Frontier markets make up a large, diverse group of countries immersed in the earliest stages of economic development.1 Recently, the share and bond prices of this group have performed very well, greatly exceeding the gains made by their older brothers, the traditional emerging markets (especially BRICS). Particularly commendable has been the resilience shown by the former during periods of global financial instability, such as the one occurring after the Fed announced its tapering program in May 2013 which hit the latter group of countries very hard. However, we should not forget the risks and vulnerabilities involved in this kind of market.
Frontier markets have great growth potential thanks to favourable demographic dynamics, low levels of public and private debt and a reasonable amount of macroeconomic stability. However, these regions are less financially developed than those countries in the traditional emerging block and such development is often precarious. In particular, there is a lot of room for improvement in their debt and equity markets due to the limited size and scope of liquidity. According to data from the IIF, the total capitalisation of these countries accounts for just 3% of global stock market capitalisation although they hold 20% of the world's population. In GDP terms, frontier stock market capitalisation was around 30% in 2012 compared with 55% in the traditional emerging countries and 85% in advanced countries.
However, in spite of their limitations international investors have become more interested in such assets over the last year, attracted by these countries' strong growth and driven by a generally low level of risk aversion at a global level. This last element, together with the sharp gains of frontier stock markets, has set off some alarm bells regarding how sustainable these rises might be. But there is no reason to panic: earnings are strong and asset prices are at reasonable levels in line with their historical average. Sovereign debt is also a good example of the progress being made by frontier markets. This year, for example, Senegal placed 500 million dollars in ten-year bonds at 6.25% and the Ivory Coast issued 750 million dollars at ten years at 4.75%.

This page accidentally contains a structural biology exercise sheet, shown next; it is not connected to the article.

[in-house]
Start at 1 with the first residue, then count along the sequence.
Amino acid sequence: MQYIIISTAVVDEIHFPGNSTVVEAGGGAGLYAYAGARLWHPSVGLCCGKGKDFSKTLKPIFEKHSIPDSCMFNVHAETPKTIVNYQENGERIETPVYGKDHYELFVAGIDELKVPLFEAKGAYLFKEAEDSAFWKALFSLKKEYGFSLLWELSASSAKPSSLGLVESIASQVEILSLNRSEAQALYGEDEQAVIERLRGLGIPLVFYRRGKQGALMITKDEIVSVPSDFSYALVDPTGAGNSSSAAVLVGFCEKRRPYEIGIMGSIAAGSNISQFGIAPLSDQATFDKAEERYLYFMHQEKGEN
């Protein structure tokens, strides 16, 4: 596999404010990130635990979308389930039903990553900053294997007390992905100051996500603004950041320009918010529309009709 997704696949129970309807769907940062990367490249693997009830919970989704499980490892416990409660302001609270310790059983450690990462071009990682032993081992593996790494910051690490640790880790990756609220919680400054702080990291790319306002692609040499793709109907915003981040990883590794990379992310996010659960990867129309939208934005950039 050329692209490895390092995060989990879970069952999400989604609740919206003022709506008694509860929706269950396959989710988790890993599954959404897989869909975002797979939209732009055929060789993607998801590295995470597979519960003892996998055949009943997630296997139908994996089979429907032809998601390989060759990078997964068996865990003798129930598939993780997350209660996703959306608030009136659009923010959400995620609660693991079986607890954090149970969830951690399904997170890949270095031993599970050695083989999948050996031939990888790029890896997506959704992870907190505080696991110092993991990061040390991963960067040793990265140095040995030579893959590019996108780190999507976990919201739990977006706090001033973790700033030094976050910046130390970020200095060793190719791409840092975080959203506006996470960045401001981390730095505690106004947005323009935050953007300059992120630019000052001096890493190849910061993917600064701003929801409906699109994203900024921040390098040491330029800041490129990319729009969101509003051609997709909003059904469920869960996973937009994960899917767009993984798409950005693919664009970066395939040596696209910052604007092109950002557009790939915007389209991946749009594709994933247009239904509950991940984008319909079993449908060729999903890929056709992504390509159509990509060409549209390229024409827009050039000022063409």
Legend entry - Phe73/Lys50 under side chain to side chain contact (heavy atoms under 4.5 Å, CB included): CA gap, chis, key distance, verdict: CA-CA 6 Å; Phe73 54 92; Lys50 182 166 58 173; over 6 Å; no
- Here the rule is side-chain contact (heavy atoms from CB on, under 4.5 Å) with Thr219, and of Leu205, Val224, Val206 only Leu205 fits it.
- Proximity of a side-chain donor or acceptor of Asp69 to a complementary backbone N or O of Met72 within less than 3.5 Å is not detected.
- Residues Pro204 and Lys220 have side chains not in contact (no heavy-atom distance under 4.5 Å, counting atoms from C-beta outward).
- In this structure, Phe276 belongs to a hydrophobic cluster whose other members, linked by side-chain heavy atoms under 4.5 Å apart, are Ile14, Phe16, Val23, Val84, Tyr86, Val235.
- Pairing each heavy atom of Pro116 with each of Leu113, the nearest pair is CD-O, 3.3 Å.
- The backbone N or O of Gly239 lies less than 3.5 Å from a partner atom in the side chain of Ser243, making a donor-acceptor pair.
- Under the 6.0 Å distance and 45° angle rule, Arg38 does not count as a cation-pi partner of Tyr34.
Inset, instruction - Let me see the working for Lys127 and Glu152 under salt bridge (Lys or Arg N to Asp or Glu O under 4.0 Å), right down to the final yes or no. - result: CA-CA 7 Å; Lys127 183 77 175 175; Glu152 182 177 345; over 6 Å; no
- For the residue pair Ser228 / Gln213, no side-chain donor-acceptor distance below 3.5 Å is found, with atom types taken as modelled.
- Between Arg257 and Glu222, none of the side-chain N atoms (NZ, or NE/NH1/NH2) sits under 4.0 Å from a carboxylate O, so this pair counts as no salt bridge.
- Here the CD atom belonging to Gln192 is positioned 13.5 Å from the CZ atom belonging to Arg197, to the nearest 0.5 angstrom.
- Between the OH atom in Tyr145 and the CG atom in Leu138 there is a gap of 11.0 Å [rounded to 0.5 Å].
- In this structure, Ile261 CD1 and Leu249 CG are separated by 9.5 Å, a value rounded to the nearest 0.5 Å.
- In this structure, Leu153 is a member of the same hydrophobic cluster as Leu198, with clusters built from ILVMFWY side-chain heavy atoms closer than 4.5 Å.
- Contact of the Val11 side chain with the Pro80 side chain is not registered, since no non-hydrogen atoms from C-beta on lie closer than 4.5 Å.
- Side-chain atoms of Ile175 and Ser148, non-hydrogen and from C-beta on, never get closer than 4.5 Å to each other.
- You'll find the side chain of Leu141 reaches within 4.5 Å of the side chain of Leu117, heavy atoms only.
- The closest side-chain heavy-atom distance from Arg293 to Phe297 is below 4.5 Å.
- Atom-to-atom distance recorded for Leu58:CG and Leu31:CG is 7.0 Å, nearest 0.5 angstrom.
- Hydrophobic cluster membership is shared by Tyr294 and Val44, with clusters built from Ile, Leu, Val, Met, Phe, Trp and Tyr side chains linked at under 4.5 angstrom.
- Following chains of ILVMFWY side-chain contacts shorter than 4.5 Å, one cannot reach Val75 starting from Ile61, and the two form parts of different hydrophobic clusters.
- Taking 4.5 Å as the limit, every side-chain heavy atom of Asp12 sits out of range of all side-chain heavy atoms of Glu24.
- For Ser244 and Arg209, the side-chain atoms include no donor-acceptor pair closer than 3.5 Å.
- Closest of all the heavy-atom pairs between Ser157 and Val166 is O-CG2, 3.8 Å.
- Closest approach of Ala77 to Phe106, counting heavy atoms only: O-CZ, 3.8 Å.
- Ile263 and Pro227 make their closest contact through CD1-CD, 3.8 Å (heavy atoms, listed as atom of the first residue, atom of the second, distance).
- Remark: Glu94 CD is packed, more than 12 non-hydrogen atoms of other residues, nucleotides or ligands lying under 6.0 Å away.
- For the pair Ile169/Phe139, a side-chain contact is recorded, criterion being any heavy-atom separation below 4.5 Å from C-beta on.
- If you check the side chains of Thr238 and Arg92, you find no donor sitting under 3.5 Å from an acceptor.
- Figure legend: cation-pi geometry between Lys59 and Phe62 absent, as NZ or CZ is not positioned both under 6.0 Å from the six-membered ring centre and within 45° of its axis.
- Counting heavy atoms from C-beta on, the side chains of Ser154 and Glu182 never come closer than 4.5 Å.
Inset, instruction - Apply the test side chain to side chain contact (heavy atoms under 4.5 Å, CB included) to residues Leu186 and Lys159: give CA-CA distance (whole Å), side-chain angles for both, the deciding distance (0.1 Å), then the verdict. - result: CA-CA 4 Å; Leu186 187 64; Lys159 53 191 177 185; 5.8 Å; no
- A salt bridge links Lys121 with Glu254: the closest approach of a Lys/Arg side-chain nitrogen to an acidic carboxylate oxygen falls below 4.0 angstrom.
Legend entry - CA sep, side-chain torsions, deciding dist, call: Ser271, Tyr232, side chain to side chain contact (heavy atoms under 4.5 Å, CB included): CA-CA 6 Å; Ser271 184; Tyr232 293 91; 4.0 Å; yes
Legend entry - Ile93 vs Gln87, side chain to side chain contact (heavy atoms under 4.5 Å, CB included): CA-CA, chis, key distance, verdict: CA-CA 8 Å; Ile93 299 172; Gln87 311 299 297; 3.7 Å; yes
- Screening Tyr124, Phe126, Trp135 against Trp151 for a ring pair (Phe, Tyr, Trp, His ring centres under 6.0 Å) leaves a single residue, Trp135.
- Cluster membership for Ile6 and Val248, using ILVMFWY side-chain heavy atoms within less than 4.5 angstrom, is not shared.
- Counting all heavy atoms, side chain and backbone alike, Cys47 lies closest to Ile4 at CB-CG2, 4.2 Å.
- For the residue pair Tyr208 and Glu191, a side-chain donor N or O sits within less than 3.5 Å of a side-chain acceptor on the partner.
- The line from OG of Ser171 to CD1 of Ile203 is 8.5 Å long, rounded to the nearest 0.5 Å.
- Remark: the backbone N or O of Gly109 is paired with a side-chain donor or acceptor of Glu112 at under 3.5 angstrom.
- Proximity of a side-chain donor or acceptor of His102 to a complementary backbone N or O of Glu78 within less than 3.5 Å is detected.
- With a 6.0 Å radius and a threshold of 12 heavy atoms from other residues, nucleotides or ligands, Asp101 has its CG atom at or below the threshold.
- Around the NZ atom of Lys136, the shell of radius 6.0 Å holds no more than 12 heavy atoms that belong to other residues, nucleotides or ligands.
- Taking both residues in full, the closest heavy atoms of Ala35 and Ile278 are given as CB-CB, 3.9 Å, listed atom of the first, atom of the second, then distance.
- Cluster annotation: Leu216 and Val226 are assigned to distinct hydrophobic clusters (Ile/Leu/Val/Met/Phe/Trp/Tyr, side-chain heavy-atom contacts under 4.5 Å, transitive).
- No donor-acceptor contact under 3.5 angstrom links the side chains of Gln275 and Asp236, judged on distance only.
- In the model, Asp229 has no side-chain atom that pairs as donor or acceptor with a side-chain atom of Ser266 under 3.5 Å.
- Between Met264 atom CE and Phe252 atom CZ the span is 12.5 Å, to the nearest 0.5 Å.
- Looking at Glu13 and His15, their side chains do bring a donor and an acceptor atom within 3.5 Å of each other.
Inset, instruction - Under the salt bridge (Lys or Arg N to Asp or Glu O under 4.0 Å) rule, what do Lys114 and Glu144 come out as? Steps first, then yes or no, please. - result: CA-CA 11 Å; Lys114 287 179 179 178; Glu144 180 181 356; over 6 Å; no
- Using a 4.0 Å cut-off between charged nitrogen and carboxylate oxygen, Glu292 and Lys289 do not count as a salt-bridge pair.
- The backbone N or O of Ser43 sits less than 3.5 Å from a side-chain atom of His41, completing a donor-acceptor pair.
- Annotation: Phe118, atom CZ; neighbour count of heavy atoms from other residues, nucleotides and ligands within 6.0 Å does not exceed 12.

Nevertheless, in spite of such milestones being reached we should not forget the notable political, economic and liquidity risks inherent in these countries. One key aspect that needs to be monitored closely is actually the destination of the funds secured in the global capital market. The best purpose would be to finance specific projects in key areas such as infrastructures, as well as encouraging a gradual diversification of the business sector. Laying down solid foundations in the frontier countries of today will set the course for the emerging countries of tomorrow.
1. Bangladesh, Kazakhstan, Mozambique and Nigeria are some of the many countries included within this broad concept of frontier market.